The word “rock” is sometimes used to describe an expensive gemstone, but not many real rocks are used in high-quality jewelry. “Rocks” (e.g., diamonds) are single minerals; gem rocks are made up of two or more minerals and are usually fashioned into ornaments such as candlesticks or carved animals. Only a few gem rocks—lapis is a good example—are considered standard jewelry items.
These days, more designer jewelry pieces are being set with unusual gems, with many designers favoring ornamental minerals and rocks. Los Angeles studio jeweler Beth Rosengard uses drusys of white chalcedony, agate, and chrysocolla in her wearable art. When Rosengard uses calcite-on-basalt—which to most jewelers might look only mildly interesting—the stuff becomes fine jewelry. Some of the other unusual gems starring in Rosengard’s designs are psilomelane drusy, yowah nut opal, ammolite, and apache chrysocolla. As Rosengard explains it, the material helps determine the design of the jewelry.
Stephan Hoglund of Stephan Hoglund Studio, Grand Marais, Minn., is another designer who uses unusual gems. But Hoglund’s gems really are rocks—Lake Superior beach rocks. It’s tough to resist plucking a nice beach rock out of the sand, but not many people would put it into jewelry. For Hoglund, however, the beaches lining Lake Superior are perfect locales to find jewelry rocks, made smooth by the rough waters at the shoreline.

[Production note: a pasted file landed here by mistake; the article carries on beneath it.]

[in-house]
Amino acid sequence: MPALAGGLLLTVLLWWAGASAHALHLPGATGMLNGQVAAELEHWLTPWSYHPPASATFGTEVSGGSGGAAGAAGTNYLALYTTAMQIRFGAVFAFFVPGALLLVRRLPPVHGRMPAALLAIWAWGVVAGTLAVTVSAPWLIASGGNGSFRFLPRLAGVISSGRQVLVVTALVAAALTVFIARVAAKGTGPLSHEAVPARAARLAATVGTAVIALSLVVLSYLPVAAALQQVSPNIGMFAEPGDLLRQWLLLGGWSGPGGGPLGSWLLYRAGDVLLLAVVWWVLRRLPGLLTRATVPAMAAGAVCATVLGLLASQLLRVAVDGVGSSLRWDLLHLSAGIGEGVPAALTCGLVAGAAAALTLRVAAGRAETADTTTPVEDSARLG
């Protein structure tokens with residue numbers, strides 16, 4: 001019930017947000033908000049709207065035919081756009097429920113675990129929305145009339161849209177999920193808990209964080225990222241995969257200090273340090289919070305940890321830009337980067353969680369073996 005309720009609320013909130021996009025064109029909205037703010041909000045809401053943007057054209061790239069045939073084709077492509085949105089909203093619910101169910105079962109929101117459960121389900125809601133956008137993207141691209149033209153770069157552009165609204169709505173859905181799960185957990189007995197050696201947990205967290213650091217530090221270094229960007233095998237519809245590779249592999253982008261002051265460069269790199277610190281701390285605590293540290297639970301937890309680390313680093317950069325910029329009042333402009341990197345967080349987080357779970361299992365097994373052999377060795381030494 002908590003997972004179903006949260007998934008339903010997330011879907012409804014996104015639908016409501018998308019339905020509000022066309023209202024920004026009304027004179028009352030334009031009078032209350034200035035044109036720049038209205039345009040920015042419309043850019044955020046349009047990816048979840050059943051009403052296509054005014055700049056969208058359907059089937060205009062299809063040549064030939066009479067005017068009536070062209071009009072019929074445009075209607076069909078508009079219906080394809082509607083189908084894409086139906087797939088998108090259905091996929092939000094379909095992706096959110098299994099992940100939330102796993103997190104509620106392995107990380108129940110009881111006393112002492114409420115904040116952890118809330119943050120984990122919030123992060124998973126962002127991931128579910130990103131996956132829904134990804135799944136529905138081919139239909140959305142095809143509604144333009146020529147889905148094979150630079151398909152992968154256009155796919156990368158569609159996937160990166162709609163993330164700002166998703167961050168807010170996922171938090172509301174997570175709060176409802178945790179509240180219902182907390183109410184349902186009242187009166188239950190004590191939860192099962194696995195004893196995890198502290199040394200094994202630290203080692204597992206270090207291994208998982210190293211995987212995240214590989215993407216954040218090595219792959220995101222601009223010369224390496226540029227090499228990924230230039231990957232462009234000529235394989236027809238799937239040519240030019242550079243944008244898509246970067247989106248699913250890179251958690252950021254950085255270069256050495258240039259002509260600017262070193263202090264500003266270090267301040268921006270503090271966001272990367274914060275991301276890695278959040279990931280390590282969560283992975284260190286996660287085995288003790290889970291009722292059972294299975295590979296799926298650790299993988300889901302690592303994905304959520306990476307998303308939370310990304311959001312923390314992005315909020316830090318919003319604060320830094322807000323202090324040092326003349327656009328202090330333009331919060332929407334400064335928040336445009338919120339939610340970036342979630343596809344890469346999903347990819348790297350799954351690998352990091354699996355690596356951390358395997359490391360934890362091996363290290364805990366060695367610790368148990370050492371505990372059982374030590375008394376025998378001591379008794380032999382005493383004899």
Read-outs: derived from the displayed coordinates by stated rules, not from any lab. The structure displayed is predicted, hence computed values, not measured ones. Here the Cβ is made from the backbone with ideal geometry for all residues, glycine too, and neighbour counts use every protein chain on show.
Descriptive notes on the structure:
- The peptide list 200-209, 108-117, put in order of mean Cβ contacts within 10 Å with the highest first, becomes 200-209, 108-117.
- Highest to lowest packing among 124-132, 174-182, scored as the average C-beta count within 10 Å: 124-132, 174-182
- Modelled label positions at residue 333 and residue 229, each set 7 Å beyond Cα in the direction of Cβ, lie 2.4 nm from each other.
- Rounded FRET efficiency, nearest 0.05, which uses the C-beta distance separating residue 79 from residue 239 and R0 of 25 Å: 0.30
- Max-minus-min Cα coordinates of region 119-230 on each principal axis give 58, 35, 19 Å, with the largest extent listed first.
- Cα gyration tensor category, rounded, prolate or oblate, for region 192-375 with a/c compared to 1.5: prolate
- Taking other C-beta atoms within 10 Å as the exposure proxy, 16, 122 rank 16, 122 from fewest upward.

Bill Gangi of Multisensory Arts in Tucson also knows his beach rocks—he’s been collecting and selling them for years. Gangi and others have been using beach rocks—including sea glass, graphic granite, and black basalt—for at least a decade.
Gangi gathers a wide assortment of other nontraditional gem materials, not only for his own use but also for other jewelry designers. “We specialize in natural surface stones,” says Gangi, who is excited about a new find of intensely colored and iridescent smithsonite. “It has a satin-like coxcomb crystal surface and rainbow iridescence playing over the surface,” he explains.
Smithsonite is one of those “GIA B-chart” gems, usually found in delicate pastel pale blues, greens, and pinks, shaped like tiny domed hills, and commonly seen in mineral displays at natural history museums. “This new material is deep gem-silica blue, emerald green, purple, magenta, orange, or white, [and] also happens to be iridescent,” says Gangi. The surface of the material has an “oil slick” sheen. He has pieces up to a foot long, in intense colors, and can cut pieces for jewelry up to several inches in size—previously unheard of for smithsonite.
“It’s a sickness,” confesses Gangi, referring to his passion for unique gem materials. “We love rocks.”
Gangi says he’s working on a new find of rocks that contain pockets of what he says look like tiny cliff dwellings. He plans to show the material in Tucson in February.